My name is Tracy O’Connell Novick, and I am here today on behalf of my colleagues on the Worcester School Committee. At our February 5 meeting, we passed an item calling on the state to collaborate with districts rather than to impose measures on them. I am here today to speak to that.
At the time of our meeting, my colleagues and I viewed with grave concern the proposals then before DESE to put Commonwealth charter schools in Fitchburg and Brockton. Many states in the country leave chartering of such schools to districts; Massachusetts imposes them from the state level. Every additional charter school directly leads to underfunding the reimbursement to all districts, as the funding level does not increase commensurate with the increase in schools.
We thus appreciate the Department’s action in recommending no action be taken on these charters. Moreover, I particularly appreciate Commissioner Chester’s rejection of the assertion that students were thus “left with no choices other than failing district schools.” Brockton and Fitchburg have indeed made “considerable strides,” and all of us who work in cities appreciate that recognition.
This leaves us concerned about districts like Holyoke and schools like the Dearborn. In fact, it leaves us--all of us in districts like mine across Massachusetts--concerned for our own schools.
And this is not the healthy concern that any of us feel for the public schools under our care; this is more akin to the concern with which the democratically elected Ukrainian government viewed Russia eyeing the Crimea.
Needless to say, this is hardly the mutually supportive relationship envisioned by the Constitution of the Commonwealth. It’s also not the best way to improve schools or to enrich the lives of students.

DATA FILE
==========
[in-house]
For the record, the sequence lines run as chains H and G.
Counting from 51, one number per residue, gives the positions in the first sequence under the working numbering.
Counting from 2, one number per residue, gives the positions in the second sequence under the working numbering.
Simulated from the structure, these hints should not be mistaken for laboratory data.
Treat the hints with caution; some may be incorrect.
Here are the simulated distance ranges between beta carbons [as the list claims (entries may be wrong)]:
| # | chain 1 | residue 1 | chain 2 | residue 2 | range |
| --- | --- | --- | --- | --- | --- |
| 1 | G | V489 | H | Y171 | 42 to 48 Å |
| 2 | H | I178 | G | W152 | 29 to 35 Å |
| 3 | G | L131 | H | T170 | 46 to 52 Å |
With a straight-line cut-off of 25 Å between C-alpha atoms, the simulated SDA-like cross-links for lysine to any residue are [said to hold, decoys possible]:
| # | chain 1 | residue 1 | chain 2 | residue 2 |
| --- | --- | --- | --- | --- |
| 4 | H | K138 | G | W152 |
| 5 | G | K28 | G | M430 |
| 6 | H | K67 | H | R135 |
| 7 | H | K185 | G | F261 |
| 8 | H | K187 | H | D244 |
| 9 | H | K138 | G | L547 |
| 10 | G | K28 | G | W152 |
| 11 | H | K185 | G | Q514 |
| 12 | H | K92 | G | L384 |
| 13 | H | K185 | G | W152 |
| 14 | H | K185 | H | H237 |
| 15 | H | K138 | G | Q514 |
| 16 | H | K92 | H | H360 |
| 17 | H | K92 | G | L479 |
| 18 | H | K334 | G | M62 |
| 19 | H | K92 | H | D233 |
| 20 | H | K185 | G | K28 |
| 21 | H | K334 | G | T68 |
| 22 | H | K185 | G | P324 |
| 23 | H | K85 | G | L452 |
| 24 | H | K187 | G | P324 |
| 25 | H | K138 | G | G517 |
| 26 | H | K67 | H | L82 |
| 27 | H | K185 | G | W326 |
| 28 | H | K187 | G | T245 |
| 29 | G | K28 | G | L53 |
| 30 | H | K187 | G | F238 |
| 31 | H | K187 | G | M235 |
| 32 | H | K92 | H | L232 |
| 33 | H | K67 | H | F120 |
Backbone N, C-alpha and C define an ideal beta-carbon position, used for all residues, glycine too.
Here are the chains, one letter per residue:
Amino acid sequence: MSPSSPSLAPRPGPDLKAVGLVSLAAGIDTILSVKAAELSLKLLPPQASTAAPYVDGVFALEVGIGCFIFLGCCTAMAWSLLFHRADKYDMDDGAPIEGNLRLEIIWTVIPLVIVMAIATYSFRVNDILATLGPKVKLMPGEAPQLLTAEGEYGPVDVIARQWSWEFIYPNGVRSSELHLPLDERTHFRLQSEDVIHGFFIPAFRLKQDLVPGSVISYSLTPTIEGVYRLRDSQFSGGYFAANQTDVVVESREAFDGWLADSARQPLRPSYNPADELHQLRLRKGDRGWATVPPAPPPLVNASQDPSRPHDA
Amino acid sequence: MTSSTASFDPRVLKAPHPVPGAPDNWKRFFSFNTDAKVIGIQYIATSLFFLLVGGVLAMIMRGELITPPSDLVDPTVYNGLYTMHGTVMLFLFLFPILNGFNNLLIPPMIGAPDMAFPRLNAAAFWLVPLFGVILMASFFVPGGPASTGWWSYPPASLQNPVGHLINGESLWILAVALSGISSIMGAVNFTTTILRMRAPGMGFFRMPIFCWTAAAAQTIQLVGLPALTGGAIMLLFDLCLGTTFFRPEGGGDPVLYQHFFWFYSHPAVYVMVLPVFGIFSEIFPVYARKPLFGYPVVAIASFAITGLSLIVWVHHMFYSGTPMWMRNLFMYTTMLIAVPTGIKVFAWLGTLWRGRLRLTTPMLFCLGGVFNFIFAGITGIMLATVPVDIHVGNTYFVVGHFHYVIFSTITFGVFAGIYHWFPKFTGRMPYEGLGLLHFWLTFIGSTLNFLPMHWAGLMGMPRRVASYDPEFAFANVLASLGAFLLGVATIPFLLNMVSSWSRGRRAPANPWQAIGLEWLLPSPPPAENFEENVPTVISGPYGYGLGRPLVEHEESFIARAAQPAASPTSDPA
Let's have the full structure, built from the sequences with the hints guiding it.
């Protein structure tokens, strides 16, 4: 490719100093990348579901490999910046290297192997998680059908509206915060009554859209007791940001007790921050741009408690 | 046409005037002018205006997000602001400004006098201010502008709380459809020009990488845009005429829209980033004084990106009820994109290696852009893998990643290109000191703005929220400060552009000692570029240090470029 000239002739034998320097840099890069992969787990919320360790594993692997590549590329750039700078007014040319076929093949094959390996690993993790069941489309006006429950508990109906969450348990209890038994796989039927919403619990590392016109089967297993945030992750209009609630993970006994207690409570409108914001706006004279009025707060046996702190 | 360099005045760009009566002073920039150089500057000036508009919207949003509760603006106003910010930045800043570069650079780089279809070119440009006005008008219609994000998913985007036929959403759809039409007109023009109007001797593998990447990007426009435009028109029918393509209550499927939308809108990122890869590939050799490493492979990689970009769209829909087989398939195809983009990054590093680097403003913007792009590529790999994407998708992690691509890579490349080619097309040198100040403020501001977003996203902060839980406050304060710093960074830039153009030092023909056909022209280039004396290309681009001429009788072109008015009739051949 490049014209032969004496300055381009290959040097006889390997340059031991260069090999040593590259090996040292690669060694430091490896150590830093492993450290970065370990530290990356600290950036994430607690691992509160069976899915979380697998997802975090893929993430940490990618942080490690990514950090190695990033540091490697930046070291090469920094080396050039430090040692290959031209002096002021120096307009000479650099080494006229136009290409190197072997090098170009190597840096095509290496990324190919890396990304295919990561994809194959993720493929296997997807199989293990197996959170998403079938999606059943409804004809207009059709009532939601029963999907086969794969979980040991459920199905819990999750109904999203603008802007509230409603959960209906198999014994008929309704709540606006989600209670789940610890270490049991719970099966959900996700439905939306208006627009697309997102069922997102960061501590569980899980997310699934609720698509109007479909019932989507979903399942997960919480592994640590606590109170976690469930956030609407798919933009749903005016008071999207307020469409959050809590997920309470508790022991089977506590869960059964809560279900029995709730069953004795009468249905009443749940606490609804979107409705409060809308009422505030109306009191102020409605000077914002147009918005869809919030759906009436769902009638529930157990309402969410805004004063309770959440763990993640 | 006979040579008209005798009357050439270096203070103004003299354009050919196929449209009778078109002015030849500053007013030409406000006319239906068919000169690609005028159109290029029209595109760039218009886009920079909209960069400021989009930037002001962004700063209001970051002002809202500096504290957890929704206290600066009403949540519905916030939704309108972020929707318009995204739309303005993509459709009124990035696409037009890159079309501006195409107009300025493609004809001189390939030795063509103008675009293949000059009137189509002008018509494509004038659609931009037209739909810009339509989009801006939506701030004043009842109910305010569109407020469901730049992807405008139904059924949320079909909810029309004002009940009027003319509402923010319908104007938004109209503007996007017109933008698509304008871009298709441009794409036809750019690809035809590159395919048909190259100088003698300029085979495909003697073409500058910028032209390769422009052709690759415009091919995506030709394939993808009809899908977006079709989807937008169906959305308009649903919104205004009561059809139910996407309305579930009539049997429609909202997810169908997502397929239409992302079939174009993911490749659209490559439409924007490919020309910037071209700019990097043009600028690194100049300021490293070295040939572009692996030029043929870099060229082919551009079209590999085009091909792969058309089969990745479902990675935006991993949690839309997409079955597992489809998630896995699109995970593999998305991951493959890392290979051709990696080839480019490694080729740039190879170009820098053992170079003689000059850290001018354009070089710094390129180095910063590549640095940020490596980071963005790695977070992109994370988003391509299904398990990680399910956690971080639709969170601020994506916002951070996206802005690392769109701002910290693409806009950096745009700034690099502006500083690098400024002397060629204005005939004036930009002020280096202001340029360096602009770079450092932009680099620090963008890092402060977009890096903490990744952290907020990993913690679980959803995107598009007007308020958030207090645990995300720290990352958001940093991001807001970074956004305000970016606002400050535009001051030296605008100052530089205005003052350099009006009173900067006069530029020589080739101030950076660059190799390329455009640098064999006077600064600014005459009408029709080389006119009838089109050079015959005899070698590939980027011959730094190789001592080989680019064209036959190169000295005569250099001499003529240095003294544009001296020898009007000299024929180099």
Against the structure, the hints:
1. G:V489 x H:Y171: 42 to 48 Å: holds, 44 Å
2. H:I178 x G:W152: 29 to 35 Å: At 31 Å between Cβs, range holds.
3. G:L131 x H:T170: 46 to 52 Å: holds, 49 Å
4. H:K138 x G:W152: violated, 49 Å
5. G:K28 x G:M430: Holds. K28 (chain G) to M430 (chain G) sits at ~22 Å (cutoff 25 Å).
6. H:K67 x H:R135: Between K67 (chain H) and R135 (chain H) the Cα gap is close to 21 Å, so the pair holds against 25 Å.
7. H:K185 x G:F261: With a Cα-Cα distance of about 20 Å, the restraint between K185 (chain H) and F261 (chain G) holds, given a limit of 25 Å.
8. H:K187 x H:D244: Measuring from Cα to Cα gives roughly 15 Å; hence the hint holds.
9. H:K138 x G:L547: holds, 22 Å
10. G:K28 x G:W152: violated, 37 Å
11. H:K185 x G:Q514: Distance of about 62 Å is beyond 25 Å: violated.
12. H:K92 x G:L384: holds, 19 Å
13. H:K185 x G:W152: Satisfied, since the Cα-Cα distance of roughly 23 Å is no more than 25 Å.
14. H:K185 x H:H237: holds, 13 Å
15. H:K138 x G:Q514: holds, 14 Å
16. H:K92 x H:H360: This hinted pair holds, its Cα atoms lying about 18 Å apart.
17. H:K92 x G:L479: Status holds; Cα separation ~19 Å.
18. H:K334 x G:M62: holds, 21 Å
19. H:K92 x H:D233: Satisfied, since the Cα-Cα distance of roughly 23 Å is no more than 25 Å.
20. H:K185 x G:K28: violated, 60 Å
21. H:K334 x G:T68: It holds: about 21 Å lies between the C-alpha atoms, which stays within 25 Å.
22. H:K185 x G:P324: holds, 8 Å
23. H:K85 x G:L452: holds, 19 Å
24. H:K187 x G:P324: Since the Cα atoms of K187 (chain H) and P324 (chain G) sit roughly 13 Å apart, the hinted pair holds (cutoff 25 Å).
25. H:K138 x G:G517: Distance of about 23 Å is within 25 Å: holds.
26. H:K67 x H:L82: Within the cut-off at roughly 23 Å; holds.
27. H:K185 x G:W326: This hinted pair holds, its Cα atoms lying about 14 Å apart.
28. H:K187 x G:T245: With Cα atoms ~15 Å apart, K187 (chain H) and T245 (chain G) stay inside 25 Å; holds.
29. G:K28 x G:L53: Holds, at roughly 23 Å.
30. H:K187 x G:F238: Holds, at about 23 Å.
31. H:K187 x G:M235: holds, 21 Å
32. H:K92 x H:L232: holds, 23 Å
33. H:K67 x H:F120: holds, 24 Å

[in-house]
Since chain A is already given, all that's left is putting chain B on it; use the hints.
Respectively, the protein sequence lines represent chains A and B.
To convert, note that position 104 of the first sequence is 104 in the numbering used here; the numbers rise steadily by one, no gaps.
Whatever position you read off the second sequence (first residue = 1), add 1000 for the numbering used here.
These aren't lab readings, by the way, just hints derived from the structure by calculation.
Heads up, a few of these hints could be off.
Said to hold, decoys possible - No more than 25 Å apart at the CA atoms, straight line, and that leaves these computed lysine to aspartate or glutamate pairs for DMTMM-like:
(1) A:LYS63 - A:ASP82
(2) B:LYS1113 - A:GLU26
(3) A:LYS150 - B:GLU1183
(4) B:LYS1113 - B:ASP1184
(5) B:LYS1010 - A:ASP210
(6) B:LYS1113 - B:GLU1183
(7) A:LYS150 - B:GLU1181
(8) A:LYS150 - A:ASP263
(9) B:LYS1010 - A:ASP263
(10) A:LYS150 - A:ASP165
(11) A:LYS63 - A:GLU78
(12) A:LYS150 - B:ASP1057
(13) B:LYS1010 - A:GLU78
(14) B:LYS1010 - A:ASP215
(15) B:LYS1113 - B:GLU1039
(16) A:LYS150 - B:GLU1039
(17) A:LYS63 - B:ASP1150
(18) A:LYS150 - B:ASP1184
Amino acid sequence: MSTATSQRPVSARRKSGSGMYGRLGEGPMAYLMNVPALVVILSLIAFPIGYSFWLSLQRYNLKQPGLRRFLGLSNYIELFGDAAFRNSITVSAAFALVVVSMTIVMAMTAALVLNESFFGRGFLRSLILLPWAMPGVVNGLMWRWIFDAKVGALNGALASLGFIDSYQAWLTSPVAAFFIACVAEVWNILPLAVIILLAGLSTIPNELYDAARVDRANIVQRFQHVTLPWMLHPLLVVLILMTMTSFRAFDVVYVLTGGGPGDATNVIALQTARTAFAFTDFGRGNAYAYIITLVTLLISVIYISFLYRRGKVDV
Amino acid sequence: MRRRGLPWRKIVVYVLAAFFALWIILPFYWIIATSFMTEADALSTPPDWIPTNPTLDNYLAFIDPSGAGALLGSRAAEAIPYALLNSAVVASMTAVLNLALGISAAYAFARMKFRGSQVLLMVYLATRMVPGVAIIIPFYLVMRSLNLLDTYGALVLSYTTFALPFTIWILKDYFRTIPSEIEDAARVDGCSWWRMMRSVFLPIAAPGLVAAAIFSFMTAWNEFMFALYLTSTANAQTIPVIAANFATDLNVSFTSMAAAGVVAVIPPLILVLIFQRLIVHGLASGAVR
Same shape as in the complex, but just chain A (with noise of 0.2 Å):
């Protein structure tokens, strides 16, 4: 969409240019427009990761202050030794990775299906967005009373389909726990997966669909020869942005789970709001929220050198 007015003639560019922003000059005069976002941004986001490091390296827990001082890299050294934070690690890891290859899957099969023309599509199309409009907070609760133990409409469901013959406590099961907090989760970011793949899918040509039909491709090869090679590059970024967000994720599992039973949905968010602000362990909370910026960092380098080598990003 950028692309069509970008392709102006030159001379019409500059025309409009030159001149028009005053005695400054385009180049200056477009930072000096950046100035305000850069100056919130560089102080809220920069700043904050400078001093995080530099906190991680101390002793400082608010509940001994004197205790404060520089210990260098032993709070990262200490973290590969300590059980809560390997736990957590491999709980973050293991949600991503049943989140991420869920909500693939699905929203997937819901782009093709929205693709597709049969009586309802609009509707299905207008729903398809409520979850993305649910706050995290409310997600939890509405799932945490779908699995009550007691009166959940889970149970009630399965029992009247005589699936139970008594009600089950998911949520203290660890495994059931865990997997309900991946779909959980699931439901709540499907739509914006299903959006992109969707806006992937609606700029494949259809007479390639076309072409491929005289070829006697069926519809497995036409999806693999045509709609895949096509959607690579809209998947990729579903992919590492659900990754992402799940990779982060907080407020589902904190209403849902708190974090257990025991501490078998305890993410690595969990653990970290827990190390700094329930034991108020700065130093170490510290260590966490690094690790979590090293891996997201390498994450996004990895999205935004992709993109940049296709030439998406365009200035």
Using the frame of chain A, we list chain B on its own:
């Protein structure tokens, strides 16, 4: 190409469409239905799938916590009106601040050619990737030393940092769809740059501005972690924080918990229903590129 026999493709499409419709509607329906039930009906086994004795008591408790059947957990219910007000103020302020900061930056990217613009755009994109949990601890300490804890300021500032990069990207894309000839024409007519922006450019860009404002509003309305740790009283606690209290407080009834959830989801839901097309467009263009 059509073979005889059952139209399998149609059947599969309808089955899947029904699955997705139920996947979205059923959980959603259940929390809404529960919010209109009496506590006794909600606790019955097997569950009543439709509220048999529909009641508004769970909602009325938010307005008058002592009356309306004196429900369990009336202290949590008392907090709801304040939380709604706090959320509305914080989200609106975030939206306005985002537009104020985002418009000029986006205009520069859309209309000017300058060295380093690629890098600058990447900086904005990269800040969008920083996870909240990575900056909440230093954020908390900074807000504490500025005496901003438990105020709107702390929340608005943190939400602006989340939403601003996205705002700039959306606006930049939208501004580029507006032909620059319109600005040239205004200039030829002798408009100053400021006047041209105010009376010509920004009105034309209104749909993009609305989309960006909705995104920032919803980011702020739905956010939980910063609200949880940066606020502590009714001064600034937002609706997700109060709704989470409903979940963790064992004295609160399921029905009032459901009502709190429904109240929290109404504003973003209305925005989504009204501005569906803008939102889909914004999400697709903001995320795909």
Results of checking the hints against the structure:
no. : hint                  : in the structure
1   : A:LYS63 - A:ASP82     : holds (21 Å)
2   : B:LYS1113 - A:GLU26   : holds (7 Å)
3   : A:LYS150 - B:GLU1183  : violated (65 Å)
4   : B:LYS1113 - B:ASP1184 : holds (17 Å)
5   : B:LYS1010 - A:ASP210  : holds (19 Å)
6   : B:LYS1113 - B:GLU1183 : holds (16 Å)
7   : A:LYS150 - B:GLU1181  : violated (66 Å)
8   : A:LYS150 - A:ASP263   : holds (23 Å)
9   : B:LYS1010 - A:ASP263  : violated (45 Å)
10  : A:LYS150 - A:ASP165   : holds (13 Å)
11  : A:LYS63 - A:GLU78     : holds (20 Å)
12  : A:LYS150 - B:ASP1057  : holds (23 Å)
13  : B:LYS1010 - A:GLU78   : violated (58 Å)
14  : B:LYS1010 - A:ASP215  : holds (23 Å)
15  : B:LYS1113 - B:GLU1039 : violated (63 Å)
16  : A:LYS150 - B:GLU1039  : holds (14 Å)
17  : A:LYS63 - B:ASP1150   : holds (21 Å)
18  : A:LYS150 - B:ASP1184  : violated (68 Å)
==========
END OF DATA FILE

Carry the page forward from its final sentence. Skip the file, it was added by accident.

There are positive examples of the state collaborating with districts. The funding of an innovation model in Worcester, for example, has allowed not only Chandler Magnet, but the district, to study closely and implement a growing and effective dual language program. We know this to be one of the greatest benefits we can give our children. Our program began with us; the state’s support and encouragement has allowed it to grow and to grow well.
One of the greatest strengths of the Department lies in its collection of finance and other information and making such information easily accessible. It is one I greatly appreciate. It also points up that Lawrence, which now is cited as an example to follow, had as one of its biggest changes under state receivership that it swung from $8 million under net school spending to $2 million over in a single year. That is a substantial difference, and one that the state can create without taking over a district.
I must say, Madame Chair, that as a lifelong resident of Massachusetts, I find it deeply problematic that the state would consider such measures. This state was founded on the ideal that those who considered themselves our betters did not know better than we what to believe--a state that lead the way in refusing to pay taxes to those not elected by those paying the taxes--for that state to overthrow properly elected democratic governing bodies, as school committees are, is to refute our own history.
I hope that we are better and wiser than that.